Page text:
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Effective Use of Guard Frequency


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You're flying along from Miami to Chicago talking to various air traffic control centers while en route. About halfway to Chicago, you notice radio silence; you try calling air traffic control with no answer. You check your microphone settings, everything seems to be working normal. What do you do? 

Another day, you're flying a Cessna 172 VFR in your local practice area without talking to air traffic control when all of the sudden you notice black smoke coming out of the engine. You see an airport in the distance and you head towards it but you have no idea what airport this is. You need assistance from air traffic control, but have no time to figure out the proper frequency to contact, obviously, you are handling an emergency. What do you do?

In both of these scenarios, GUARD frequency (VHF 121.5 and UHF 243.0) can be an effective tool. This is a frequency reserved for emergency transmissions as well as for aircraft that have missed a check in with ATC or not sure what frequency they should be on. 121.5 is used all over the world and nearby air traffic controllers are always monitoring this frequency.

In the first example we described, you could switch to 121.5 and transmit: "Delta 123, on GUARD, I lost contact with Memphis Center, can someone advise which frequency I should be on?" On the reverse side of things, air traffic controllers can use GUARD to locate an aircraft they were expecting to hear from or that have not been responding. For example, an air traffic controller could say: "American 123, Memphis Center, on GUARD, if you hear this message, switch to my frequency on 132.4." Sometimes an aircraft may be unresponsive because they are out of range of an air traffic controller's radio transmitter. Since there are often aircraft positioned in different parts of a center controller's airspace, a controller may ask another pilot for assistance to relay a message on GUARD in the hopes that their location will transmit a better signal to the unresponsive aircraft. In this scenario, GUARD provides an excellent resource in ensuring all aircraft are accounted for.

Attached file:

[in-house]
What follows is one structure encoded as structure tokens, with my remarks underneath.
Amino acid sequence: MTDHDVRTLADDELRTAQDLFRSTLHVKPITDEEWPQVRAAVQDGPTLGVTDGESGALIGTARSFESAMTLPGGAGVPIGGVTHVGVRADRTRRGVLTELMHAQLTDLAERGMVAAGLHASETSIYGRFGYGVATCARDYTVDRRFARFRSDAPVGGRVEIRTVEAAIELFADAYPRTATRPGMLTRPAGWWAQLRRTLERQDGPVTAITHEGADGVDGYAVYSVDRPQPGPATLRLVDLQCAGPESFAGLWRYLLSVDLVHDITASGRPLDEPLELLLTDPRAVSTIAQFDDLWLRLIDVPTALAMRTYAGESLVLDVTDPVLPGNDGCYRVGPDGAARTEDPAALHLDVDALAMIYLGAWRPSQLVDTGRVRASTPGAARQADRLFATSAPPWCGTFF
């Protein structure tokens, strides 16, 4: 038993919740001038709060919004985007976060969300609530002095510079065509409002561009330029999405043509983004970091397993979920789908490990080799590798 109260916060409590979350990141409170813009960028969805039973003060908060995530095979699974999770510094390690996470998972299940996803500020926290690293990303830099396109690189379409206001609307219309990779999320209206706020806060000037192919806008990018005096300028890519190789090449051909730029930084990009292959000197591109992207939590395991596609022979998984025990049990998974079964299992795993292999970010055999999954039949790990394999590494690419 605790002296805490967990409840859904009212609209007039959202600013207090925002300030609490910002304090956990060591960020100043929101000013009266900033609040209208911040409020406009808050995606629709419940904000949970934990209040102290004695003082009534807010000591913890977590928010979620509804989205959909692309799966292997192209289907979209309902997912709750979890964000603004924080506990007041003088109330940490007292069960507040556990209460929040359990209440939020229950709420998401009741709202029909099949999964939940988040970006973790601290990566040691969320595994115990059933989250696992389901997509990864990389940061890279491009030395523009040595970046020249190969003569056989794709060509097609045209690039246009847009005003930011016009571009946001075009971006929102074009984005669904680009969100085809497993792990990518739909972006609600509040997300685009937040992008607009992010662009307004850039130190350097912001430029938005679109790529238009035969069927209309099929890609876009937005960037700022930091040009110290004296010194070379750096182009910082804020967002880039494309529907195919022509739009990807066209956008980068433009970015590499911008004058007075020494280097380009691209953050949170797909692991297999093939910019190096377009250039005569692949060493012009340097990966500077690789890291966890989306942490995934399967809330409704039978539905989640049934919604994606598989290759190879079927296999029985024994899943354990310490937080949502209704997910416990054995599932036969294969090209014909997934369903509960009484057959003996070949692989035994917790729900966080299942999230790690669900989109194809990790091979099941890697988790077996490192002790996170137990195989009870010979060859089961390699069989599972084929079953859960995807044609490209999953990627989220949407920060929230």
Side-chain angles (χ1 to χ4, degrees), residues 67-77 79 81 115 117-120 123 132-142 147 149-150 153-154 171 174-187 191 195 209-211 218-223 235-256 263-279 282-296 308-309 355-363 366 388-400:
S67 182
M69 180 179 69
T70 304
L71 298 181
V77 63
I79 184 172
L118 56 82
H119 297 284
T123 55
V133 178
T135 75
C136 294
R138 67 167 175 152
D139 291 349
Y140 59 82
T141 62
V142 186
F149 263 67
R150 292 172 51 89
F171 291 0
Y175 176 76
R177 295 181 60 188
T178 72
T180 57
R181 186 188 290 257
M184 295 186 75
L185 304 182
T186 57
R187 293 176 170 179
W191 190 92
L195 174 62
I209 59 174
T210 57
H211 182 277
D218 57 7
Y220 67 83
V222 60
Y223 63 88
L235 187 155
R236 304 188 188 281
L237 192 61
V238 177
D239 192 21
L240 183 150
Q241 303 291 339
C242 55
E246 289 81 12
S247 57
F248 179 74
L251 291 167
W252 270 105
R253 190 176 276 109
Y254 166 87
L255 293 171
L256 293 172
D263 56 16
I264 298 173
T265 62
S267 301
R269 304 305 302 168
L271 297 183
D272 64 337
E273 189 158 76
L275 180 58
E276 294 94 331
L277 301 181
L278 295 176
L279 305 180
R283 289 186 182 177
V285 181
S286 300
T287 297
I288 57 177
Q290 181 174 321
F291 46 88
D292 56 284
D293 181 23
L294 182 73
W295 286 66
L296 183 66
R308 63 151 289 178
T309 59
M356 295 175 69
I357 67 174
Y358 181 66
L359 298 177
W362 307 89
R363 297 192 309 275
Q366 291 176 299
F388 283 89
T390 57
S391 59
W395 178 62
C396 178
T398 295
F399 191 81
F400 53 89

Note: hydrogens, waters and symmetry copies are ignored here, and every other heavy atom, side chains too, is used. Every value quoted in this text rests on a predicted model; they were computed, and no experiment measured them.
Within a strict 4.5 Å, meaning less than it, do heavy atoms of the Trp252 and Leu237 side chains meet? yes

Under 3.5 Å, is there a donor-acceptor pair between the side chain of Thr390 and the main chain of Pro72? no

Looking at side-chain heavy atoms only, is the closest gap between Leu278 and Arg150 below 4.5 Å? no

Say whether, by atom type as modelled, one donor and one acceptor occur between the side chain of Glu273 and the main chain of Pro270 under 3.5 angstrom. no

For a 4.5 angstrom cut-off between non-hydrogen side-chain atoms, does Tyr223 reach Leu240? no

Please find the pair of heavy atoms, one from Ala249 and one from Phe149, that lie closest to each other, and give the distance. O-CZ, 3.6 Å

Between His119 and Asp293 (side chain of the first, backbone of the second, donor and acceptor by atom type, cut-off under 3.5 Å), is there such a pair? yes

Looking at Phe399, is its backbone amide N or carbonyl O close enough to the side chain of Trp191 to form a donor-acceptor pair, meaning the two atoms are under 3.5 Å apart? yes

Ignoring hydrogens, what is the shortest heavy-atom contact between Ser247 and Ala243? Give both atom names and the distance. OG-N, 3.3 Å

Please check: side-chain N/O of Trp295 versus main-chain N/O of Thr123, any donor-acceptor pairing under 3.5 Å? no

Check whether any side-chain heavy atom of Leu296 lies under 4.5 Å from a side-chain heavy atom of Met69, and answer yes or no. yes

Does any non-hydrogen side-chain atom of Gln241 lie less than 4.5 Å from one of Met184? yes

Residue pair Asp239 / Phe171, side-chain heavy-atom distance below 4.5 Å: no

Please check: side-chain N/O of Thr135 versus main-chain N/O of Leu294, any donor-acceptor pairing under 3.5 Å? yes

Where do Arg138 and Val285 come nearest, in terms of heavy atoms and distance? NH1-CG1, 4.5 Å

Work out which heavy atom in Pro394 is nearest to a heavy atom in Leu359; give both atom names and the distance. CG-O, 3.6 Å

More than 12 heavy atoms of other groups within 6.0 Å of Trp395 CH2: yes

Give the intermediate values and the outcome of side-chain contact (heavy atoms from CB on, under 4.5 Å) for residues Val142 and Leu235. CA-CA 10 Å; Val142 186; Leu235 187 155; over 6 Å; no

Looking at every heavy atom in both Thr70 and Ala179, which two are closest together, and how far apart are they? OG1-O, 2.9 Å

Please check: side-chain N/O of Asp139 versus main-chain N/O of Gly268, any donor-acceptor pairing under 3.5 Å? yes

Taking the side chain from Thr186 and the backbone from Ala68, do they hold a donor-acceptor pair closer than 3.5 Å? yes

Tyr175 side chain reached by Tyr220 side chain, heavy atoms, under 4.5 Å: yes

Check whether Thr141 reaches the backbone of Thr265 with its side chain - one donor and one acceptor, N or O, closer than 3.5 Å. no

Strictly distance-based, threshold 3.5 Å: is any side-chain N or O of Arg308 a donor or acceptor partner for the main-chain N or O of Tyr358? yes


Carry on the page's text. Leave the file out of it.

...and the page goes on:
In the second example, we see the potential use of GUARD in an emergency scenario. The pilot could switch to GUARD and state that they have an emergency and are landing at the nearest airport. Since all air traffic controllers monitor GUARD, a radar controller can transmit on GUARD and provide better assistance to the pilot by issuing radar vectors, recording important information pertaining to the emergency, and coordinate for crash fire and rescue to be ready at the diversion airport. 

Interesting to know as well, when an ELT beacon goes off, it transmits an aural signal on the GUARD frequency. Organizations like the Civil Air Patrol actually practice triangulating and locating a beacon to find the location to prepare for search and rescue missions in the event an aircraft crashes. The beacon signal from ELTs almost sounds like a siren.

IMG_20190822_233444109.thumb.jpg.293aef94bbac8c698c0c9e620c31ca82.jpgOne final example worth mentioning is the DOD (e.g. Air Force, Coast Guard) monitor GUARD as well. Aircraft crossing over our international borders without following proper ADIZ entry procedures can be intercepted by military aircraft who will use GUARD frequency in an attempt to establish communication with the violator. If two-way communication is established on GUARD, the intercepting aircraft can provide further instructions to the pilot as necessary.

In conclusion it is strongly recommended, and in most instances required, for pilots to always monitor GUARD 121.5 on their second radio. In fact, airlines require crews to monitor 121.5 on a second radio when the radio is not needed for other operational reasons. Monitoring GUARD provides an extra layer of safety and if you accidentally transmit on GUARD, don't worry, there are plenty of pilots that will key up in a funny voice to remind you "You're on GUARD"... hopefully that doesn't happen during a time when you really need it.

On POSCON, we simulate the GUARD frequency on both VHF and UHF frequencies to provide an ultimate realistic experience. Next time you find yourself on the network in one of these scenarios, try the GUARD frequency. For more information, check out the AIM 6-3-1.

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